The successful stimulation of carbonate formations by acid‐fracturing operations depends on the ability to treat the entire pay zone. The acid dissolves carbonate rocks and creates conductive channels through which the reservoir's fluids flow. Heterogeneity in lithology causes acid to create a preferential path in the most‐reactive zones. Temperature measurements by temperature logging or distributed temperature sensing (DTS) are commonly used to evaluate injection and production zones. The present research includes a modeling study from which the mineralogy in multilayer fractured formations can be identified by means of temperature measurements.

Heat transfer is commonly coupled in acid‐fracturing models to account for temperature effects on acid reactivity with carbonate minerals. Temperature profiles are usually evaluated during simulations of fracturing fluid injection, but seldom during fracture closure. Because most of the acid is spent during injection, many models assume that the remaining acid reacts proportionally along the fracture length. Because of this assumption, neither acid spending nor temperature is usually simulated during fracture closure.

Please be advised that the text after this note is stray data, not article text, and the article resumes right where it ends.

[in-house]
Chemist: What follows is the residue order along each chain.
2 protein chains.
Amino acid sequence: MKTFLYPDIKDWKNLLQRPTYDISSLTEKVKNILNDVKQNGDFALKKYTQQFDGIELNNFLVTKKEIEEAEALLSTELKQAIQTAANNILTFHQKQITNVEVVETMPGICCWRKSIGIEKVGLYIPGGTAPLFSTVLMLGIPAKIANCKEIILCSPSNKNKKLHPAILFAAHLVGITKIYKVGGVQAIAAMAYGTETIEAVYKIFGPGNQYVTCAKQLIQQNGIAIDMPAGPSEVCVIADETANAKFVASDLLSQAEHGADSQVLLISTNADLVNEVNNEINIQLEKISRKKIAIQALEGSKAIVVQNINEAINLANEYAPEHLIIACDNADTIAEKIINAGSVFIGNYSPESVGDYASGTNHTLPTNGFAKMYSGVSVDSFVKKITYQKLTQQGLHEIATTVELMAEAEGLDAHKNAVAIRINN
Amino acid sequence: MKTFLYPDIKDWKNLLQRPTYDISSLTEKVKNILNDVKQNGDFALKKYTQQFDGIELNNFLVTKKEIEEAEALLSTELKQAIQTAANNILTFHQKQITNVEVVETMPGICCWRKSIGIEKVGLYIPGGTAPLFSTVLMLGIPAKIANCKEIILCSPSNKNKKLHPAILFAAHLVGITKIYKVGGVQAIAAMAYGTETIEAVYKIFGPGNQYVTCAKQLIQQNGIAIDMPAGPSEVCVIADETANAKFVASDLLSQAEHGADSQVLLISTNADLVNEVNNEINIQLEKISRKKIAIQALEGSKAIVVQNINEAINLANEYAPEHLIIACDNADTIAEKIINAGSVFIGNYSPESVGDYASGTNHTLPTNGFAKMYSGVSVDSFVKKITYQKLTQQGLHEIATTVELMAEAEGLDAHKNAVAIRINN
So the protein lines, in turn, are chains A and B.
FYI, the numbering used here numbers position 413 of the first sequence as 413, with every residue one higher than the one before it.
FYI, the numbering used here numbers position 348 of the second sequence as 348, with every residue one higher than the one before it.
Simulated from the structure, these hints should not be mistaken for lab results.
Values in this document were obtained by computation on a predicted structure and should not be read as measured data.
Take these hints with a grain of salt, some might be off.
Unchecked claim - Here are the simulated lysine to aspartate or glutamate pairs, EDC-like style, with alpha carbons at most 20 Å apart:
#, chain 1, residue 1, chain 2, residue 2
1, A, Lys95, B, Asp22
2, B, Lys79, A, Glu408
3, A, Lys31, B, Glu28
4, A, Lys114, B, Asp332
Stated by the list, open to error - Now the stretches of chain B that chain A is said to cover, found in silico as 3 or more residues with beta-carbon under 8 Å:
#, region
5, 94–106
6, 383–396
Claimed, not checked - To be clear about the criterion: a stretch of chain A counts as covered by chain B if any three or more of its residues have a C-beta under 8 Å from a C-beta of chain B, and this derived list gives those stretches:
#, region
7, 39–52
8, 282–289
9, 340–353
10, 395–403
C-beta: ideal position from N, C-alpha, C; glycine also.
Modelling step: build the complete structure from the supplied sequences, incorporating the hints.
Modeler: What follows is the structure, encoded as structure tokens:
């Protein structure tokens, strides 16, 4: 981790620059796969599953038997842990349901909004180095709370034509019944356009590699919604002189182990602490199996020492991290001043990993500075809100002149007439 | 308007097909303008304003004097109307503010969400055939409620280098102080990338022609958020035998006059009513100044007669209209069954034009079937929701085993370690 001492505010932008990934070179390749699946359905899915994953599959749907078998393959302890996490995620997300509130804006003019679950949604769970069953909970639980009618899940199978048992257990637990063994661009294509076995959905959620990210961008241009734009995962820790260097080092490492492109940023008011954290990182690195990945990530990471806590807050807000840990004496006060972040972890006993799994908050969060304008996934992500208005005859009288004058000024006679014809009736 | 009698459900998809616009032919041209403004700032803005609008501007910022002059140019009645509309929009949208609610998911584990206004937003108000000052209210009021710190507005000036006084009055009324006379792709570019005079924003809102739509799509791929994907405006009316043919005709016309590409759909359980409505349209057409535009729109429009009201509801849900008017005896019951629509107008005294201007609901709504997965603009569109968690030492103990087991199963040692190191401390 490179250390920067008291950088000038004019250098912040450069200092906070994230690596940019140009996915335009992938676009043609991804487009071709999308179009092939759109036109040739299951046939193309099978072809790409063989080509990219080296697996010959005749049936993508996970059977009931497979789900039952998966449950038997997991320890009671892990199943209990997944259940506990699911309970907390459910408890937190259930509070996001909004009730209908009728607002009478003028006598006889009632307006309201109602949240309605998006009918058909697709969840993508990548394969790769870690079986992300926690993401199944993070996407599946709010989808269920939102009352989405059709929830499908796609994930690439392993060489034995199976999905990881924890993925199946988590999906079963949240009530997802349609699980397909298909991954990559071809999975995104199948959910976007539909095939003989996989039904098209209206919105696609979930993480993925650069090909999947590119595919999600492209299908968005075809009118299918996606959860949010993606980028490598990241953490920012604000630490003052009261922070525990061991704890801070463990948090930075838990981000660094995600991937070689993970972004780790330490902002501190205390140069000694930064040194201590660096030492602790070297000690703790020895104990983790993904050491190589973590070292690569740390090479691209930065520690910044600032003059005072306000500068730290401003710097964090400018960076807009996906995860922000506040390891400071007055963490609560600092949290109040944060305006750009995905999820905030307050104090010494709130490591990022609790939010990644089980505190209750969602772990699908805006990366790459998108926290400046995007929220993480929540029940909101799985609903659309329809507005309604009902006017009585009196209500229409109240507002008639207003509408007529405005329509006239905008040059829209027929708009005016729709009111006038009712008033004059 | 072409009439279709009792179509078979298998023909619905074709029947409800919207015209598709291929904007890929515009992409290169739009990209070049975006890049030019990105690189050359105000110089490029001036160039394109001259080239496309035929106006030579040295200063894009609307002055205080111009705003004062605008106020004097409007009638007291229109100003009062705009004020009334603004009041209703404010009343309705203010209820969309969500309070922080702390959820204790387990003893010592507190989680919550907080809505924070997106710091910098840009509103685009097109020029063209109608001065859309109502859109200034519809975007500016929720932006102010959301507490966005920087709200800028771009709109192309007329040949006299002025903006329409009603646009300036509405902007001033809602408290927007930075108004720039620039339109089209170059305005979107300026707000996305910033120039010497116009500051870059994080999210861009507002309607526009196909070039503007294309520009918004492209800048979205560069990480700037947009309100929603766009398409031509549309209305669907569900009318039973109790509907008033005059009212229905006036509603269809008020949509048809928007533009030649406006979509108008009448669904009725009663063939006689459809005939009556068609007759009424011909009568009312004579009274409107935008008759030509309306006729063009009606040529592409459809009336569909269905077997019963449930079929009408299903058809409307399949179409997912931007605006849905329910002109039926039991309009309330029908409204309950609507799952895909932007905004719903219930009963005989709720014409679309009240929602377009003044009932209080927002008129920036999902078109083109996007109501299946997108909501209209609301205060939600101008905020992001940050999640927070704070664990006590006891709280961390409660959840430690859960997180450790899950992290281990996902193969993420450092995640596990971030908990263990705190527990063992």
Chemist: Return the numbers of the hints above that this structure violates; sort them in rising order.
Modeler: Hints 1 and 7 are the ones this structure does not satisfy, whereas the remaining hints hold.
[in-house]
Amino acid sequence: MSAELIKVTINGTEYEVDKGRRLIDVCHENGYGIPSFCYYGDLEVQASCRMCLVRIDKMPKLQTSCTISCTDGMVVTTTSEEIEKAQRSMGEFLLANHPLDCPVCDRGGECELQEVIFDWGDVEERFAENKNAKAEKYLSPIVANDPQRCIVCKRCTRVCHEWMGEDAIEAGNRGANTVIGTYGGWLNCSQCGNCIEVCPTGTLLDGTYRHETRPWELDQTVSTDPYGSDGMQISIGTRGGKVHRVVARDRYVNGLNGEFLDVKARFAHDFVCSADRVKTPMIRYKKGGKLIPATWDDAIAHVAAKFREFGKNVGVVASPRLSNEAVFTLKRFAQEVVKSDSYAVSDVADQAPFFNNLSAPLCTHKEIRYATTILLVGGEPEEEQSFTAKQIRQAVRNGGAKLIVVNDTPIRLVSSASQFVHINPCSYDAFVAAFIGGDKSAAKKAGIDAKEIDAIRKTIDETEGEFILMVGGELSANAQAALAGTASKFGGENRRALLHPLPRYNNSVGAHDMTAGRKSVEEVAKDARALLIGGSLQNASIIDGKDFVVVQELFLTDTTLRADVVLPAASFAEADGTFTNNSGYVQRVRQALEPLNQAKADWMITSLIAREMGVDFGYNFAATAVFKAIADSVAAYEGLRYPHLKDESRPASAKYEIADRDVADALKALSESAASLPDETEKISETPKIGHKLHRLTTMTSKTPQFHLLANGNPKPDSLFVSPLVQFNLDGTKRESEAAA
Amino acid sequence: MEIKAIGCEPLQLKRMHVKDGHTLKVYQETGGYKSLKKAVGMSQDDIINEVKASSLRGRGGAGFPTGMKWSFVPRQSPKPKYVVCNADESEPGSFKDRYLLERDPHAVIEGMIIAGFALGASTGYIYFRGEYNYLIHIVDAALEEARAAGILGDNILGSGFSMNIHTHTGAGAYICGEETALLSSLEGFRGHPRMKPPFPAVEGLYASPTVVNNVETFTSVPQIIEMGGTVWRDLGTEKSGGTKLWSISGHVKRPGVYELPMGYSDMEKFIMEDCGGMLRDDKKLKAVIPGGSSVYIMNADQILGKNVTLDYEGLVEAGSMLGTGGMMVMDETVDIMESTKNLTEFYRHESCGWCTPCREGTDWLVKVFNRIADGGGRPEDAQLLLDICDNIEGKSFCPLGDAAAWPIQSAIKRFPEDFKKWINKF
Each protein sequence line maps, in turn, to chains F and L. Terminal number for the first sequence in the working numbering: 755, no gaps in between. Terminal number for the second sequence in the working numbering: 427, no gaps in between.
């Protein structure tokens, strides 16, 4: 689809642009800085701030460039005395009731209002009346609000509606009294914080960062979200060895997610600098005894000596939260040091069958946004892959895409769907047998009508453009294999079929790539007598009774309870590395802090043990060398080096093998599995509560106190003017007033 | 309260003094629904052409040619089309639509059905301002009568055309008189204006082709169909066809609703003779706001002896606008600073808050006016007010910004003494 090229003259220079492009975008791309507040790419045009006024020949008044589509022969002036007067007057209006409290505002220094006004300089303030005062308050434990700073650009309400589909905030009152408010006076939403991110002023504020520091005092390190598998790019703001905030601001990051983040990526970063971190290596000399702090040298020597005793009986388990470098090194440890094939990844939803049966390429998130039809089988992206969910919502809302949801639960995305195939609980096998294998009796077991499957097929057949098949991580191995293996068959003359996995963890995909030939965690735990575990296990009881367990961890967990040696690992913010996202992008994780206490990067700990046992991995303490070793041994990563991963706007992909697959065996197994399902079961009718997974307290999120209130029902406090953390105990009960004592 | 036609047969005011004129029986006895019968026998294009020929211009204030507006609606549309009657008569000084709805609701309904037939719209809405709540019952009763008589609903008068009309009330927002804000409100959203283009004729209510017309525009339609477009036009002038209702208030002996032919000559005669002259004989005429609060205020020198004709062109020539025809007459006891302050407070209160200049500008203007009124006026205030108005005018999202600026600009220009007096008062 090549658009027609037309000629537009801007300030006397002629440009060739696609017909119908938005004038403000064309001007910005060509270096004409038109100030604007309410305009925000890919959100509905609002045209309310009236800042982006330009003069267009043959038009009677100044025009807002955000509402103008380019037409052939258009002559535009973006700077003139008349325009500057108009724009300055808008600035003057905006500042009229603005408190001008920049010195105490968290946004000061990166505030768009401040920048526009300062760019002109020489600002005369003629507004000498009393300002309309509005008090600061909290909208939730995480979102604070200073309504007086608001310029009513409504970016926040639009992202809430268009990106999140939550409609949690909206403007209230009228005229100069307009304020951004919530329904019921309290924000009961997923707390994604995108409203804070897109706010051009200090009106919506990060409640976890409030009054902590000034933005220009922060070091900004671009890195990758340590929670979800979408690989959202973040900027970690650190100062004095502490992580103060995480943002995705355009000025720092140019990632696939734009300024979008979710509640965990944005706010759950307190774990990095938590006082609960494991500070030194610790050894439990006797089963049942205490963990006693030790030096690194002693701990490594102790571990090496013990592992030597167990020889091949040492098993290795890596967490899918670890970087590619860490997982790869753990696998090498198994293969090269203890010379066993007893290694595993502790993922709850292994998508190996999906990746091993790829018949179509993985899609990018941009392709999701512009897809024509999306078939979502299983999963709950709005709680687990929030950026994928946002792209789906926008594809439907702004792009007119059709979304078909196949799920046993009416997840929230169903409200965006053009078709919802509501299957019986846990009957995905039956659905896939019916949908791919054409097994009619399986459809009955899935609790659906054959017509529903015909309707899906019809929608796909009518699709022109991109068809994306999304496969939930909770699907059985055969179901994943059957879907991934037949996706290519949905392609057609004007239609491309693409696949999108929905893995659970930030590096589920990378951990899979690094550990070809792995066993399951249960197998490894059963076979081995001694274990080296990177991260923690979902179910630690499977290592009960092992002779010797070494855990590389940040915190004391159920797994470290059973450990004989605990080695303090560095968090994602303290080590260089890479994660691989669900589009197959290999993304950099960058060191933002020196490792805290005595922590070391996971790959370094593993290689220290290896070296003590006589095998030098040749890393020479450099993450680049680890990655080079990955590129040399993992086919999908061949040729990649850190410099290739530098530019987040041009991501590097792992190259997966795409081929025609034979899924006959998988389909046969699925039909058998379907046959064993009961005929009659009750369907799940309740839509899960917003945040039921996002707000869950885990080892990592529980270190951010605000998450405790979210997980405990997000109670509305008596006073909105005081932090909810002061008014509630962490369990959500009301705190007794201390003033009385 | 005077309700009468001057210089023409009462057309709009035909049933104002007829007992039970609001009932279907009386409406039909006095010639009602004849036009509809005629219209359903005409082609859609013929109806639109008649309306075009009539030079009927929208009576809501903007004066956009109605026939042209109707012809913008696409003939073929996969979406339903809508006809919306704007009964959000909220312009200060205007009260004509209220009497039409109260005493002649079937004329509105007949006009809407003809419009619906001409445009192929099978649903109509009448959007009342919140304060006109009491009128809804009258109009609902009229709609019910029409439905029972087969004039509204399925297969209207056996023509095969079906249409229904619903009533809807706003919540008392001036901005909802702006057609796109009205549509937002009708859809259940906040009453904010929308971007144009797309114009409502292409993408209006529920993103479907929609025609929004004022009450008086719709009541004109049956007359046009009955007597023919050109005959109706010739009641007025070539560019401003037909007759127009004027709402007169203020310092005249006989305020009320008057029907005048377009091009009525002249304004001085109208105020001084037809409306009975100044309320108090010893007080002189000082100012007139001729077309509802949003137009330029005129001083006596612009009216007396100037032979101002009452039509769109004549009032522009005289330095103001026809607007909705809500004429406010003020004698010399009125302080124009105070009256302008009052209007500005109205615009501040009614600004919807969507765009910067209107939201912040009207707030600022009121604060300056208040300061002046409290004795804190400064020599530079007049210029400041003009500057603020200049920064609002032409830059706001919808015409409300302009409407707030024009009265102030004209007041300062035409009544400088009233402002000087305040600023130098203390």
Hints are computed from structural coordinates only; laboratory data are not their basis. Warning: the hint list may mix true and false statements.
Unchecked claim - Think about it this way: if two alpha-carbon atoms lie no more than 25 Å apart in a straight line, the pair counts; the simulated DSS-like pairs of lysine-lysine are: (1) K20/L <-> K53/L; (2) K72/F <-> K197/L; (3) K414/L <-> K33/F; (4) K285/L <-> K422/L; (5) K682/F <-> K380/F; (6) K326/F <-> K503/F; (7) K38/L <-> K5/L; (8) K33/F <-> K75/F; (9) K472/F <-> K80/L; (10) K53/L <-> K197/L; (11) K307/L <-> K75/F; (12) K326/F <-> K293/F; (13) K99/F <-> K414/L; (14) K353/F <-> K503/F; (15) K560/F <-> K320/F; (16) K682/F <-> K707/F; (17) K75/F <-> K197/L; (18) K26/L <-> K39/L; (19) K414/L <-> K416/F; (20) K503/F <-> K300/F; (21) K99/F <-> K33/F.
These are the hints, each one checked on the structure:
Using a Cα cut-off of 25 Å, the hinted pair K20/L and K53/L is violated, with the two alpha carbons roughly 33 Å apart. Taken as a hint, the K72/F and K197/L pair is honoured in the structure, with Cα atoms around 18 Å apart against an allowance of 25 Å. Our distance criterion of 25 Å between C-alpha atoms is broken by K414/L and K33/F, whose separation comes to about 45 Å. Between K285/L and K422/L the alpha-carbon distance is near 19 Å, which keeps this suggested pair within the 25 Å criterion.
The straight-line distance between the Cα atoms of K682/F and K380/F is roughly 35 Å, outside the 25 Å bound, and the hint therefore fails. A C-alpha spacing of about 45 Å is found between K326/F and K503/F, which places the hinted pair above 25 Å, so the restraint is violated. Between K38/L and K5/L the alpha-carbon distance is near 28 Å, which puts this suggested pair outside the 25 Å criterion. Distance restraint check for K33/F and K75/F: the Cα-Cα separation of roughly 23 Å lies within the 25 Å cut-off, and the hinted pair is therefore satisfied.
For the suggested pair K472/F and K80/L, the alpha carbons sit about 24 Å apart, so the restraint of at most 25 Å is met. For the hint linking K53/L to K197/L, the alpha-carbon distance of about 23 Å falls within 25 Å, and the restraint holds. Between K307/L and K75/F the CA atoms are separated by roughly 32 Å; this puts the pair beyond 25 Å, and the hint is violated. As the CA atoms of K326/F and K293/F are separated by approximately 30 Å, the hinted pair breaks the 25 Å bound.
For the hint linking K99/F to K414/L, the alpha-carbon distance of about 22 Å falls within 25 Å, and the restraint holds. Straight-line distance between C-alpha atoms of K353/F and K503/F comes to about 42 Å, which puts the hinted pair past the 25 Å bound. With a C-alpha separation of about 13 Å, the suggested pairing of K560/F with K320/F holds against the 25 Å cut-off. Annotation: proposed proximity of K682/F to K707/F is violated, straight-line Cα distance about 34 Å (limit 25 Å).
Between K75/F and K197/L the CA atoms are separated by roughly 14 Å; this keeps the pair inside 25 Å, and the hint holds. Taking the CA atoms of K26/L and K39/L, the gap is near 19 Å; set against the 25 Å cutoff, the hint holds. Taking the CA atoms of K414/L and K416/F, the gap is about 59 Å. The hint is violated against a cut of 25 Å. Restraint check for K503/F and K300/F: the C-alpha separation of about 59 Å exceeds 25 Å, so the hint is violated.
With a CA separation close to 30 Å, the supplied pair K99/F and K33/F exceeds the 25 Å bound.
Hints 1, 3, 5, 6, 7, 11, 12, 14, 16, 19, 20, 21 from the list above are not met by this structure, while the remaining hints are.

In this study, a fully integrated temperature model is developed in which both acid reaction and heat transfer are simulated while the fracture is closing. At each timestep, transient heat convection, conduction, and generation are calculated along the wellbore, reservoir, and fracture dimensions. Modeling temperature during this transient period provides a significant understanding of the near‐wellbore fracture dissolution. During shut‐in, cold fracturing fluids are heated mainly because of the heat flow from the formation to the fracture. Reactive reservoir sections that receive larger volumes of the cold treatment fluids usually require more time for the geothermal temperature to be restored. Because of this phenomenon, minerals distribution along the wellbore axial direction can be identified in acid fracturing. This information can be useful when designing acid‐fracturing jobs in nearby wells or revisiting the same wellbore for further stimulation.

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